Understanding the significance of providing high-quality preschool environments for our children, it is paramount that teachers take responsibility for their own growth and development, and one I have been thinking about this month during Head Start Awareness Month. I wanted to share ways in which educators can be culturally responsive to families and co-workers without necessarily sharing a common cultural background or ethnic heritage:
- Engage in difficult conversations.
- Learning to acknowledge my own cultural differences among co-workers and the families I serve in my Head Start program was a difficult first step. “I don’t look like you, and I realize that. I’m Chinese American, you’re not; it’s cool,” I say to parents when I conduct home visits. Usually, this is met with both a smile and a sigh of relief. I then follow-up with something along the lines of, “I have an understanding of how to teach your child, but you’re their first and best teacher. As their parent, you’re the expert, not me.” In my own professional identity, I make a conscious effort to be directly antiracist, acknowledging my own privileges, biases, and starting with the family and community in mind. Celebrate differences, and put families first. This can help families feel empowered.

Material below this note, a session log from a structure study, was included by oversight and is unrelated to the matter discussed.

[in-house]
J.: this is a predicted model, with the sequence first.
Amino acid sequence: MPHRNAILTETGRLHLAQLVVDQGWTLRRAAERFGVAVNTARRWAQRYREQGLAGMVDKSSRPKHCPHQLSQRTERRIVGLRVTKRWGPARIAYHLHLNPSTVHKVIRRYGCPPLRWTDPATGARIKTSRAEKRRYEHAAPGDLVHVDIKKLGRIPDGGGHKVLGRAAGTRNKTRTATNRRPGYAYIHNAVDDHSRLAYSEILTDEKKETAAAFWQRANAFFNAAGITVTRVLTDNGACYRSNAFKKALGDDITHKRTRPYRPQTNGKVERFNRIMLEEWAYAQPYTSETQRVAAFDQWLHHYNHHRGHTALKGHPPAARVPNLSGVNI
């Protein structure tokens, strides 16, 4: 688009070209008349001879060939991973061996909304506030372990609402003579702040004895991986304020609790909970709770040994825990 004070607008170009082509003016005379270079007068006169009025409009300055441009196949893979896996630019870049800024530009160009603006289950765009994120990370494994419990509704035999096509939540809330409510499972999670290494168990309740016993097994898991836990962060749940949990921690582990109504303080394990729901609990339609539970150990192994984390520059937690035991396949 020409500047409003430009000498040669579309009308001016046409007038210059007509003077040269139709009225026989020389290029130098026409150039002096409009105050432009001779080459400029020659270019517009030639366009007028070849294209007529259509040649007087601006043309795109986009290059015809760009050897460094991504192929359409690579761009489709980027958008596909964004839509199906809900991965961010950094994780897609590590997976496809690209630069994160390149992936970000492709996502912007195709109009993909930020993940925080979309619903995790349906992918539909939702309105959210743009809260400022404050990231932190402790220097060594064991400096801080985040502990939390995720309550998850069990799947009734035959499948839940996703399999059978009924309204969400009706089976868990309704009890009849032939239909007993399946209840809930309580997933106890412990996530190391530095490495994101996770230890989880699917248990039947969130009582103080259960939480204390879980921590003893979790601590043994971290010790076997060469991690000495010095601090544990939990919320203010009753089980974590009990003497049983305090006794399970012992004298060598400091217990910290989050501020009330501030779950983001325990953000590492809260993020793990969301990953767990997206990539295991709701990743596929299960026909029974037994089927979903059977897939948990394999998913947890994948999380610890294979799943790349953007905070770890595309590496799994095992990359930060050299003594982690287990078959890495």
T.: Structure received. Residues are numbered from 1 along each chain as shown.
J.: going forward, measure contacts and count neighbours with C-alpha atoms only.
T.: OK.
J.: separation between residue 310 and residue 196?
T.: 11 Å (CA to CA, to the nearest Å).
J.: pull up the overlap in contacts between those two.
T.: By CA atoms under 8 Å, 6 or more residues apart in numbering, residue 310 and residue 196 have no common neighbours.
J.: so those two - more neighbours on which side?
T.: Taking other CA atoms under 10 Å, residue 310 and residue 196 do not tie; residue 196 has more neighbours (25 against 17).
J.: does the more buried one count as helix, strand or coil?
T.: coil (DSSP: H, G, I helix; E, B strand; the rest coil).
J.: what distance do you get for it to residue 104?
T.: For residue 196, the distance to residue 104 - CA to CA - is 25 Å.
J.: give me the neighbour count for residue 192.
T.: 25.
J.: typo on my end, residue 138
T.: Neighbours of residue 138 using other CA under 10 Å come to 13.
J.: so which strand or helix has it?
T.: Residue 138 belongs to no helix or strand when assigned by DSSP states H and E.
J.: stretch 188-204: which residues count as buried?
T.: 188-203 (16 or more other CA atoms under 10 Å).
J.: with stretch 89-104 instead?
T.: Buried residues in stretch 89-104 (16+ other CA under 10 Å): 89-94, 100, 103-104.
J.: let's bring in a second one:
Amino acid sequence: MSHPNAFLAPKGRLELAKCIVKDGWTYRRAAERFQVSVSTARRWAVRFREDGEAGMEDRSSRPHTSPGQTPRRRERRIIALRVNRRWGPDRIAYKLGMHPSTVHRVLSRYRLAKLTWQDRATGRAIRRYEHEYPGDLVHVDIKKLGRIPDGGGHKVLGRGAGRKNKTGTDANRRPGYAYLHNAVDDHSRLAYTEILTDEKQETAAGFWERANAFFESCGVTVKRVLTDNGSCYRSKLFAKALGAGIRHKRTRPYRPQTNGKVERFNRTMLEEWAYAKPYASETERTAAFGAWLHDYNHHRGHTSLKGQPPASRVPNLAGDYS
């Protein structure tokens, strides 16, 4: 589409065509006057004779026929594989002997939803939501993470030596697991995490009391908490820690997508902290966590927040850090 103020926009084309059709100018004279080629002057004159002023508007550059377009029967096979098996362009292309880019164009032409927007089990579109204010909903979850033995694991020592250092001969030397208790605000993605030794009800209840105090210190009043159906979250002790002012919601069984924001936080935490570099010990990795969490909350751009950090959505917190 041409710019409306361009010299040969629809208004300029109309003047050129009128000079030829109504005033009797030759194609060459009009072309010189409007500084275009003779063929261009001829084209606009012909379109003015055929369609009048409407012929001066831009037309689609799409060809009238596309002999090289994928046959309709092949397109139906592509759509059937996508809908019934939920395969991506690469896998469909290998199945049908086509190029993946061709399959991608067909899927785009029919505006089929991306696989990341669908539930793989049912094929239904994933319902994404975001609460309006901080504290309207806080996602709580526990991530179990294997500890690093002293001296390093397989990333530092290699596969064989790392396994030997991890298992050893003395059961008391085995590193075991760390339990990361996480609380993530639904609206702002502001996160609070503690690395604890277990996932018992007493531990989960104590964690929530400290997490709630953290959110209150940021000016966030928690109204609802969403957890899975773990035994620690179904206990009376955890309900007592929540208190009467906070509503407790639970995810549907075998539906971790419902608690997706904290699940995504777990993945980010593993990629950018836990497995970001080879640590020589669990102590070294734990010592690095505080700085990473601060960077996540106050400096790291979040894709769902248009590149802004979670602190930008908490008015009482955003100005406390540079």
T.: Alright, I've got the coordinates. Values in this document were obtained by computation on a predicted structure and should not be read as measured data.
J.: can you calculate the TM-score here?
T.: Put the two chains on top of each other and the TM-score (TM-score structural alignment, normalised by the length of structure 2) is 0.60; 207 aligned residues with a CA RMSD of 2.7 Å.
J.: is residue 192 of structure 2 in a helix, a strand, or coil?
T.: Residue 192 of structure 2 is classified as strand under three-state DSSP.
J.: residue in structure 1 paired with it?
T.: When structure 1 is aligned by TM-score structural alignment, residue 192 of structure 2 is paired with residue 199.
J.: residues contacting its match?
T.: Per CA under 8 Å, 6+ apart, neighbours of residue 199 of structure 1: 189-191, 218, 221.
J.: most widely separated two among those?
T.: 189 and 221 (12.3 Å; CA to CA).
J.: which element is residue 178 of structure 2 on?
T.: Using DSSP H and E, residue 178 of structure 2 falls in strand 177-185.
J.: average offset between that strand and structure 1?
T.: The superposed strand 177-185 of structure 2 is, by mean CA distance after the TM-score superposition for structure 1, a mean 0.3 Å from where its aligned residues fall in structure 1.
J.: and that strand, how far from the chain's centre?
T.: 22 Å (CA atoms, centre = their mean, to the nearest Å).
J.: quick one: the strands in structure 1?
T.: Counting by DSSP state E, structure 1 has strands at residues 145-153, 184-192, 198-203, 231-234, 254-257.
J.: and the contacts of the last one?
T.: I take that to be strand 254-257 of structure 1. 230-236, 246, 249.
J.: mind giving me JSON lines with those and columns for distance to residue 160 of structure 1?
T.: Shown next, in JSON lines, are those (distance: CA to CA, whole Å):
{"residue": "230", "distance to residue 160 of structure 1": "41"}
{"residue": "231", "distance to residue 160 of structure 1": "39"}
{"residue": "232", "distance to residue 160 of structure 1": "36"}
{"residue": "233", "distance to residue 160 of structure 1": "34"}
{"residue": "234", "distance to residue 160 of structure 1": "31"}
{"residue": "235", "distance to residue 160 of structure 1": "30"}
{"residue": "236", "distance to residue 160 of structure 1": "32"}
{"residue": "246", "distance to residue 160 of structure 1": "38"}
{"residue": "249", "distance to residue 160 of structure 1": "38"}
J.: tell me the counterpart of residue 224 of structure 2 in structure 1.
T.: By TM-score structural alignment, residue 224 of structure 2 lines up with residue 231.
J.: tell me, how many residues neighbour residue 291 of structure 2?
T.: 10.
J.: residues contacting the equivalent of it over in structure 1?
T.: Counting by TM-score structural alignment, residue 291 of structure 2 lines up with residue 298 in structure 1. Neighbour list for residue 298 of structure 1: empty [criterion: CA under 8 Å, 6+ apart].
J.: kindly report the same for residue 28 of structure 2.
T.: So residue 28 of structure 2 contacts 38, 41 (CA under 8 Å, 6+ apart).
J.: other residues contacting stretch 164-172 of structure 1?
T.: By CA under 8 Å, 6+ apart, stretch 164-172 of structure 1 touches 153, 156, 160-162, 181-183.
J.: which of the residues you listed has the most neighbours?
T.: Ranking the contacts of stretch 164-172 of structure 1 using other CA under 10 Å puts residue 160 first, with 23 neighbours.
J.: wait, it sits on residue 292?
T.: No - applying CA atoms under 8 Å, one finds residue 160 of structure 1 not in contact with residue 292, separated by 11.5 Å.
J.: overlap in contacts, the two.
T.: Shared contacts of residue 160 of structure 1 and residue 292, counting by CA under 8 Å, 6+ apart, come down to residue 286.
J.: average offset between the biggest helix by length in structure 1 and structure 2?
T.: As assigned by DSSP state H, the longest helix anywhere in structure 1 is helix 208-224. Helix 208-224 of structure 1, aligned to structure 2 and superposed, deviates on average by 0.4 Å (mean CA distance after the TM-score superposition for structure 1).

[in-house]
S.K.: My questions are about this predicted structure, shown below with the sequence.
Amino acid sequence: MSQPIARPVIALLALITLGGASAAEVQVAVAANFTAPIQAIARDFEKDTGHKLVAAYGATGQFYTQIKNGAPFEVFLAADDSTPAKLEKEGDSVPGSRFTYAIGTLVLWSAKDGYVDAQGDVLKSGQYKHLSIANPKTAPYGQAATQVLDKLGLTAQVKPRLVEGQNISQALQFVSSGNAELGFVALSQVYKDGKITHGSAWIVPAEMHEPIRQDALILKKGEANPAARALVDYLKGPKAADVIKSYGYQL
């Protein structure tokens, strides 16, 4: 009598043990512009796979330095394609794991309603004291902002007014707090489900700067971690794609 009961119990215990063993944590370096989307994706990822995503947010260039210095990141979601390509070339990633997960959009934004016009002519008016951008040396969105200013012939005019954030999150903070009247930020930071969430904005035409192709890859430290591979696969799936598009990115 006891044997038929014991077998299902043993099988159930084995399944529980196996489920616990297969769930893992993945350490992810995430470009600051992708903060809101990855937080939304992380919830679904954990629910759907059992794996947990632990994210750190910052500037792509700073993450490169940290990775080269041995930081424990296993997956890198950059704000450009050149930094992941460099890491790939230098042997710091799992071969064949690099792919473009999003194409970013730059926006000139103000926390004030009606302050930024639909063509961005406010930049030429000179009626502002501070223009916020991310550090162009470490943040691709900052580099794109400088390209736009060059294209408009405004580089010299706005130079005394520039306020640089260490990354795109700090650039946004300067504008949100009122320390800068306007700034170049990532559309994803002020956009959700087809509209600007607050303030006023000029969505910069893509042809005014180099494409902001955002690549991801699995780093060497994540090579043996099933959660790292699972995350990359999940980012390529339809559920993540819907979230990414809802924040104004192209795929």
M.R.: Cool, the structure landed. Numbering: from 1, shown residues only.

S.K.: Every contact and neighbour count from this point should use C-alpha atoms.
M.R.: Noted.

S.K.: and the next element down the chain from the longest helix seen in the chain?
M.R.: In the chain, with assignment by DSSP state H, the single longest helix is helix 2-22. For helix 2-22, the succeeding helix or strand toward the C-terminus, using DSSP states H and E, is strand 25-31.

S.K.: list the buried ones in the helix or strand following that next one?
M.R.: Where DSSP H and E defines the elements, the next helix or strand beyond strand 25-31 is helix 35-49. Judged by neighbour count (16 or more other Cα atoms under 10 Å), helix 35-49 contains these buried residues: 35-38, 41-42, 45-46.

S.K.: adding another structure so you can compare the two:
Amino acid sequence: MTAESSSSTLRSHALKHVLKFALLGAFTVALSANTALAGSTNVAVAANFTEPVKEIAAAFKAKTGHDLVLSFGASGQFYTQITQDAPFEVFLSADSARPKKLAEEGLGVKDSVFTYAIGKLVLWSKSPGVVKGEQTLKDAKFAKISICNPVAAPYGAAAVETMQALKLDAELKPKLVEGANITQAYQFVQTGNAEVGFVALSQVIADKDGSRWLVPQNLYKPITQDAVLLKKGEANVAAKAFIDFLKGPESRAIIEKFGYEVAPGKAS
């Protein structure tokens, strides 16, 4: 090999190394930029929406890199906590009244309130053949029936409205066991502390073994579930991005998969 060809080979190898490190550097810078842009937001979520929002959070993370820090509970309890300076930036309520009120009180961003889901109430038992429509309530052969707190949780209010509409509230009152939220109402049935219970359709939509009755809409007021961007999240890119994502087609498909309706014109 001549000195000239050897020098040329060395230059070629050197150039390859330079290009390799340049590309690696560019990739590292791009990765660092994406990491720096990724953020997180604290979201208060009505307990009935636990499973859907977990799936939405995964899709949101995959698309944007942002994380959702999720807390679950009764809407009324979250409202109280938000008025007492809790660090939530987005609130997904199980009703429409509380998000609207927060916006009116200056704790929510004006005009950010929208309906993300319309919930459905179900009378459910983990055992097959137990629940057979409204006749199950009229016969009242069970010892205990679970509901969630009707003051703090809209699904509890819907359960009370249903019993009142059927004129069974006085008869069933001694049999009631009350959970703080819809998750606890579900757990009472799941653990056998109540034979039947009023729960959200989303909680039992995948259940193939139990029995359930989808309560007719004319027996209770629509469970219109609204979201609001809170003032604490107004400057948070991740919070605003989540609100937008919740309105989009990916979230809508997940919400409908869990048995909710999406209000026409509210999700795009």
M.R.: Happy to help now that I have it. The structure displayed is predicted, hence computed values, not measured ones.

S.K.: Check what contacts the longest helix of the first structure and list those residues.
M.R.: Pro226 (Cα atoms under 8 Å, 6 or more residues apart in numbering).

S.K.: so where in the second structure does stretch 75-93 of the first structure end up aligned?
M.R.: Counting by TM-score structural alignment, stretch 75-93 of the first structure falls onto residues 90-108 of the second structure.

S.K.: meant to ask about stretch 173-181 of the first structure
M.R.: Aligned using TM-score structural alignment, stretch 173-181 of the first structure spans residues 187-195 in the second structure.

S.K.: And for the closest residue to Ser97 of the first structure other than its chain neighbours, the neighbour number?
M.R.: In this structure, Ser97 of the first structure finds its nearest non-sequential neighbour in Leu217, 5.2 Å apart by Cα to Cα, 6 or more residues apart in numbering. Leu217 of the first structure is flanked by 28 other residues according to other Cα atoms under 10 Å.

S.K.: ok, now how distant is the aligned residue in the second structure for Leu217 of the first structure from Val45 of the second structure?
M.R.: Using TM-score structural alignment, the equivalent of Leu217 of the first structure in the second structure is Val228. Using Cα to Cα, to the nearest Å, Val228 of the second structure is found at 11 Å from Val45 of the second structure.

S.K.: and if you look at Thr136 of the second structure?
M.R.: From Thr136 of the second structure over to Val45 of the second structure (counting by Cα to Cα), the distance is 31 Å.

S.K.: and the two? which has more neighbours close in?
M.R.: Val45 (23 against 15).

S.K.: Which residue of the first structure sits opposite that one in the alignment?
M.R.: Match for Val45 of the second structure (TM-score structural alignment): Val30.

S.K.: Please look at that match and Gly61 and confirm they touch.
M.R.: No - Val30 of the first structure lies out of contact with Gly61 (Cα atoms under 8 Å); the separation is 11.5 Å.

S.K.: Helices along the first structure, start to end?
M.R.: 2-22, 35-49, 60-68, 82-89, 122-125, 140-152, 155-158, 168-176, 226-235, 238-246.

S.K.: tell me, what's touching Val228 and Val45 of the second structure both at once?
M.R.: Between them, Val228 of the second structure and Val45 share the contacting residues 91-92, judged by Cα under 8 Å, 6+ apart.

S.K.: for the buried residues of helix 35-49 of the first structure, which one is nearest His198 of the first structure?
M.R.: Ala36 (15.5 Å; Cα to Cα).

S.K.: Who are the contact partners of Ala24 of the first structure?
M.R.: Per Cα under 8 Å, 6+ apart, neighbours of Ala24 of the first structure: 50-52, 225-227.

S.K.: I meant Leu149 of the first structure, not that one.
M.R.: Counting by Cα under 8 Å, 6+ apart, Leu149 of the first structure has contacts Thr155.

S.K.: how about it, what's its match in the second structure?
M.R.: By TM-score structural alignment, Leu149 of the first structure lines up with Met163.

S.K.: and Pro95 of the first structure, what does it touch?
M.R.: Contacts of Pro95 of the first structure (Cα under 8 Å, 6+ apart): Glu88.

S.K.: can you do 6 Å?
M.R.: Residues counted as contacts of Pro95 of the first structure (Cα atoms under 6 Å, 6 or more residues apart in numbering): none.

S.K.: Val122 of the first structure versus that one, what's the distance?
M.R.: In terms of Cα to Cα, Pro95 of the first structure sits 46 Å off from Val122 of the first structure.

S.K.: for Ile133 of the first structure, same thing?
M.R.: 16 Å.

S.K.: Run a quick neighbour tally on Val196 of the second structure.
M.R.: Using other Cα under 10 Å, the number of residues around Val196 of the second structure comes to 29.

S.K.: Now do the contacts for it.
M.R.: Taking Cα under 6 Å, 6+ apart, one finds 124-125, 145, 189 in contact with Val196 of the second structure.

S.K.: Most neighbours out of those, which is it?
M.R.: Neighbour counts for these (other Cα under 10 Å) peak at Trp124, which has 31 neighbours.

Be an anchor for students’ knowledge.
- As a Head Start teacher, I consider myself more as a facilitator of learning rather than as a deliverer of knowledge. Listen to your students. There is compelling evidence to support play-based learning and gaining a handle on your students’ interests. Do not set play aside for rigid skill-and-drill in the pursuit of meeting literacy or math objectives. Play is purposeful and meets objectives as well as being developmentally appropriate for young children. For example, if you want a student to practice counting, hand a student a piece of paper in the dramatic play center and ask for three dollars in change. Furthermore, being an anchor for students’ knowledge means respecting their input, placing their thoughts and words into classroom books of your own, on bulletin boards, and around the room. If the knowledge is their own, then students will truly be interested in learning.